In COVID-19 Battle, Mumbai's Army Of Women Also Fight Discrimination

The country's all-female army of health workers - Accredited Social Health Activists or Ashas - face prejudice from neighbours and even from the people they visit for surveys.

These workers face prejudice from neighbours and even from the people they visit for surveys.

Mumbai:

Just a few months ago, thousands of people stood in their balconies, clapping and banging pots and pans, to show gratitude towards the health workers fighting the pandemic. But on the ground, many of them face discrimination over the fear of the spread of the highly contagious virus.

The country's all-female army of health workers - Accredited Social Health Activists or Ashas - face prejudice from neighbours and even from the people they visit for surveys.

Anjali Agude is an Asha worker who lives in a 10X10 tin house in Mumbai's Mankhurd area. She has three teenage children and a 72-year-old ailing mother at her house.

Despite the fear of contracting Covid herself, she goes out every morning, doing door-to door surveys with minimum safety precautions.

"There is high risk involved. My children do not have anyone other than me. I even take care of my old mother" she said.

Even a cough or sneeze scares her, making her wonder, "What will happen to my family if I catch Covid?"

The family members of these workers fear for their safety and don't want them to be outside amid the global pandemic.

Wiping her tears, Ms Anjali's mother says, "I am scared for her. She is alone. Her kids need her. But she says 'my children will stay hungry, if I don't go out."

These workers visit houses located in remotest places in rural India and also the slums of urban India. The stench filled roads and pothole ridden by lanes of Mumbai are trekked down by these workers.

However, these women, who are among the country's first line of defence in the fight against the pandemic, face social discrimination due to the nature of their job.

Usha Bhambale says she faced discrimination from her neighbours who would not talk to her since they fear she would infect them.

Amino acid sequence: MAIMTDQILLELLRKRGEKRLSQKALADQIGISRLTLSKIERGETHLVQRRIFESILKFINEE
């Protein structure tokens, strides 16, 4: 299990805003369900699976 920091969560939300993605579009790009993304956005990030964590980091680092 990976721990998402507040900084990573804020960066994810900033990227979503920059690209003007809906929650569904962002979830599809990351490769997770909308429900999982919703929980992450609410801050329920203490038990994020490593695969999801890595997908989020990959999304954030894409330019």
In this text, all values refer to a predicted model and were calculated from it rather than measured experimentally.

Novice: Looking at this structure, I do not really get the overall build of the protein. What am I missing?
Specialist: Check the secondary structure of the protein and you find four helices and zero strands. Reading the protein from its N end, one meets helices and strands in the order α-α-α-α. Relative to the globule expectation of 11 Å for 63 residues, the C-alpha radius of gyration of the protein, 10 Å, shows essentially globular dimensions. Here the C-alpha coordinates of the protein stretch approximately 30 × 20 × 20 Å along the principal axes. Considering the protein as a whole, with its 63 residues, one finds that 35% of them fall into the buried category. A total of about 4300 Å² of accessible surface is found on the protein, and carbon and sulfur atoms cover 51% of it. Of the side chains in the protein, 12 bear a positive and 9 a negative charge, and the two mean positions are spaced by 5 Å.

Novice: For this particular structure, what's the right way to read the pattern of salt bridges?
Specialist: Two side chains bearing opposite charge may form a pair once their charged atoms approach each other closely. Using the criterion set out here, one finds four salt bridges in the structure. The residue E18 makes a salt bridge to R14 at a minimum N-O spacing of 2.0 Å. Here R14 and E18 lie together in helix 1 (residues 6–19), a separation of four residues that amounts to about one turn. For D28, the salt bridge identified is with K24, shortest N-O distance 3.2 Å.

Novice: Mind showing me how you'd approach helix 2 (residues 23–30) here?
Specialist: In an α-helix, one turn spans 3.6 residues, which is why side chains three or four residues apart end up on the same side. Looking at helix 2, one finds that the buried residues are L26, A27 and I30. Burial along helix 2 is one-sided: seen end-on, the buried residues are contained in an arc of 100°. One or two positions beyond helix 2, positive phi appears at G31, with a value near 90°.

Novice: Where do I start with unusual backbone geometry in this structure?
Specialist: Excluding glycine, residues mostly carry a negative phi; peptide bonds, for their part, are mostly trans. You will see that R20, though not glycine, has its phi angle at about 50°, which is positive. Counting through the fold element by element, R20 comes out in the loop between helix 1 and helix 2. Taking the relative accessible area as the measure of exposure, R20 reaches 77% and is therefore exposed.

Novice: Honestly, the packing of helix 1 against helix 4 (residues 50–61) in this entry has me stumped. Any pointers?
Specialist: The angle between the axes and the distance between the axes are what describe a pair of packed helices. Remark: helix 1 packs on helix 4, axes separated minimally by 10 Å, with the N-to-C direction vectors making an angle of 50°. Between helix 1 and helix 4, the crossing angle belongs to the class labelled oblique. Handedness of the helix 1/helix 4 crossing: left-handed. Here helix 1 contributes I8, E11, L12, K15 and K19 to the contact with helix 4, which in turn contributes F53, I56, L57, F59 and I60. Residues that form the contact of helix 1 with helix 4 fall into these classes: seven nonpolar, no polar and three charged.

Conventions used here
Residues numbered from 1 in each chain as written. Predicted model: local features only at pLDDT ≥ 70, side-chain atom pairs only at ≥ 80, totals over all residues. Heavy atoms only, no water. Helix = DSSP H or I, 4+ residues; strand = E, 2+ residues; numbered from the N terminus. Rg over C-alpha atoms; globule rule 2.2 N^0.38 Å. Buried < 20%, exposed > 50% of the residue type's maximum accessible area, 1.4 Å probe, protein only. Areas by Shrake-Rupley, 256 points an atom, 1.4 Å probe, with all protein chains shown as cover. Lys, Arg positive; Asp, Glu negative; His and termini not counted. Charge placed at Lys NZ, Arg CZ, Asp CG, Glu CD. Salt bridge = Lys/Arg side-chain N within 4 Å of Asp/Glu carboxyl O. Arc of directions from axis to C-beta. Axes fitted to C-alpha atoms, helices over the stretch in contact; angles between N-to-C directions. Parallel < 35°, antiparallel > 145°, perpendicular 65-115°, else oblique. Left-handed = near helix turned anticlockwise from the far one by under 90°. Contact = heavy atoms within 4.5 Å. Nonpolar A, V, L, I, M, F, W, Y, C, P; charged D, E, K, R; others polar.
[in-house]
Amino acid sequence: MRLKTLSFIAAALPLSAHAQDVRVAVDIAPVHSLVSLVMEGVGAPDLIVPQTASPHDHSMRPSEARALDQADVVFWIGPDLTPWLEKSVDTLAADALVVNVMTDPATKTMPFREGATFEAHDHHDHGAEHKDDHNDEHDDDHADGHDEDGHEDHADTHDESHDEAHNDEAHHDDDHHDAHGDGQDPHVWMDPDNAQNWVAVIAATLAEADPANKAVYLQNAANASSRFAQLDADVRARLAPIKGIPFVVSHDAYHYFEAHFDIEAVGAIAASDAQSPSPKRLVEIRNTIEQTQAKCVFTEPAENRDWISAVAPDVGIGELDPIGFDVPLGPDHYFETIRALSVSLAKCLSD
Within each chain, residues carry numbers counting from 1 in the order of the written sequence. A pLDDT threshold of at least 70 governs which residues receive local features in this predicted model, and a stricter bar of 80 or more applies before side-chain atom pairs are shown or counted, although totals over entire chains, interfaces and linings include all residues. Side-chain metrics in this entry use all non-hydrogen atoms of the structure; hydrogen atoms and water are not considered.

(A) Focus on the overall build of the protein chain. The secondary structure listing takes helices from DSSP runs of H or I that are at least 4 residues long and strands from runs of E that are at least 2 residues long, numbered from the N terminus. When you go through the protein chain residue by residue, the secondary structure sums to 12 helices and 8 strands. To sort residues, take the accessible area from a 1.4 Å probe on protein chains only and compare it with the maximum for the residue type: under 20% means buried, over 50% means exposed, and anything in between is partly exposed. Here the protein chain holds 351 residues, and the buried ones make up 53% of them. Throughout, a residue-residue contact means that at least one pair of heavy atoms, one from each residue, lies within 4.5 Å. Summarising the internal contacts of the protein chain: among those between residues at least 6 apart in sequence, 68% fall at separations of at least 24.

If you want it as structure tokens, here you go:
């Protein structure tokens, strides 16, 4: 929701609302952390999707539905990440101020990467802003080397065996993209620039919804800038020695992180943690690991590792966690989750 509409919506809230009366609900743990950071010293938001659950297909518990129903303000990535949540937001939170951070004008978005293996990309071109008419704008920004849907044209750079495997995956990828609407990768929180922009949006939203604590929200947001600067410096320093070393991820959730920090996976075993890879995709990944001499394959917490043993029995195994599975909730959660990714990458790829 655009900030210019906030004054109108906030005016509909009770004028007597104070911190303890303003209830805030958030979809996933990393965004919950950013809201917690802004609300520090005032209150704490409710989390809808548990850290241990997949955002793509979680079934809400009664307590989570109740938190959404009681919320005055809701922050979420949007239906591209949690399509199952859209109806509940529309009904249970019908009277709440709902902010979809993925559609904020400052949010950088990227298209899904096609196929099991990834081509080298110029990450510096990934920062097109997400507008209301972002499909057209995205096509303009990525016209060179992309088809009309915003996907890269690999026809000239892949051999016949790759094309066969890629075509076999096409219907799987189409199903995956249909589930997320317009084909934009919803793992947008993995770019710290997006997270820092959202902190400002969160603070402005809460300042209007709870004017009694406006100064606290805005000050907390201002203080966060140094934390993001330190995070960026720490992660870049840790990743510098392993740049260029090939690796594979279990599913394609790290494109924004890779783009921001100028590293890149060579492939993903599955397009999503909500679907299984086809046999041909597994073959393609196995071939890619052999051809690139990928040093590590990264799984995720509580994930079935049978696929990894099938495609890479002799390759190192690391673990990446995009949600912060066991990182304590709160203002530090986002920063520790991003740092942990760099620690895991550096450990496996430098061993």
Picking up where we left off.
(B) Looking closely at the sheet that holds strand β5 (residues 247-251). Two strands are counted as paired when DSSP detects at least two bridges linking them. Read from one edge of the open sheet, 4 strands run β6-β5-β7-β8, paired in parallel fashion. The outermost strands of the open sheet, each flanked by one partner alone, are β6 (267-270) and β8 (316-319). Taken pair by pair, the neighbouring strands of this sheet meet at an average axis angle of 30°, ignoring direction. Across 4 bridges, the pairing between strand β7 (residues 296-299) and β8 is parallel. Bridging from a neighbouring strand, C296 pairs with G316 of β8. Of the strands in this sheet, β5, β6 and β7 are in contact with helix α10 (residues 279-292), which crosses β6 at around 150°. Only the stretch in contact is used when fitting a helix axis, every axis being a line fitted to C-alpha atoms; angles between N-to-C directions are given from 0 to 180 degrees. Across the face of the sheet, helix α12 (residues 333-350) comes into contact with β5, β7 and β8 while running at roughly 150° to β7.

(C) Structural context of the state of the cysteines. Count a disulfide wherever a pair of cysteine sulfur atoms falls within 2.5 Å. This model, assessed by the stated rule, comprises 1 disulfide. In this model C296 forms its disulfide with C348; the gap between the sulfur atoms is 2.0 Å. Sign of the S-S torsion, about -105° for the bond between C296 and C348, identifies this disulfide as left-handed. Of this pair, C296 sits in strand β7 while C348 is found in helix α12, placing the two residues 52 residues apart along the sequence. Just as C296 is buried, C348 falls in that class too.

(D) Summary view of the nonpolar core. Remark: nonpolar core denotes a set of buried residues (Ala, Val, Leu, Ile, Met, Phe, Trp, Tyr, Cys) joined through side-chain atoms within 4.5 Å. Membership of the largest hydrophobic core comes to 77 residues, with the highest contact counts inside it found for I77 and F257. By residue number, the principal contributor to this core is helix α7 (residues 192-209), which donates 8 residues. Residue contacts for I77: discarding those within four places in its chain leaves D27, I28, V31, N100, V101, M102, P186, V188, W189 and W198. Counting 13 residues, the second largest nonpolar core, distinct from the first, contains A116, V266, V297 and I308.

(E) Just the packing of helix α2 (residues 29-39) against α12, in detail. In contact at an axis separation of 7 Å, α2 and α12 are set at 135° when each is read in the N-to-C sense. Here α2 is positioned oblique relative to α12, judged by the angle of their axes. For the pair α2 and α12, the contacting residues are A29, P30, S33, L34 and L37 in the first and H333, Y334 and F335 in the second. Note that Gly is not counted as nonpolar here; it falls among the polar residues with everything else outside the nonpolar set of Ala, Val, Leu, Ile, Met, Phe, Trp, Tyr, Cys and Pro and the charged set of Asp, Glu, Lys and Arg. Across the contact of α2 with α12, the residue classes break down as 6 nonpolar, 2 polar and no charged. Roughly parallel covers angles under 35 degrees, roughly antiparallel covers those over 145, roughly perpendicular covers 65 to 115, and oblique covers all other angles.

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She says for a meagre salary of Rs 1600 per month she leaves her house so even her family stays upset with her.

"Family members say what do you get in such a meagre salary? You leave the house every day, leaving the household chores behind. What if anything happens to the kids? So they fight with me over this. Our neighbours have also stopped talking to us," says Ms Bhambale.

And along with their neighbours, sometimes these ASHAs - which also means hope in English - are even harassed by the people they visit for surveys.

"We have to check all the areas. But people abuse us, asking why we are there, why we are quarantining them. All sorts of issues. In high societies, we are not even allowed to enter," said Ms Bhambale.

There are 10 lakh Asha workers in the country and Maharashtra accounts for 70,000 of them.

Their Covid-related work involves doing door-to door surveys, quarantining the patients, staying with the patients till ambulance comes, and taking down all the details. And, for this they get paid over Rs 50 per day in Maharashtra. Although the government has said that they need to be paid Rs 2,000 per month, the union says they need to get at least Rs 300 per day for the amount of work they do and the risk it carries.

Sangeeta Kamble, CITU committee member has been fighting for their cause for a long time.

"We demand that our women should get permanent work. and timely salaries and also they should get the status of government employees," she said.

The challenges faced by these workers expose the faultlines in our society. It provide with a timely reminder topay attention to the pay disparities and the discrimination in our society.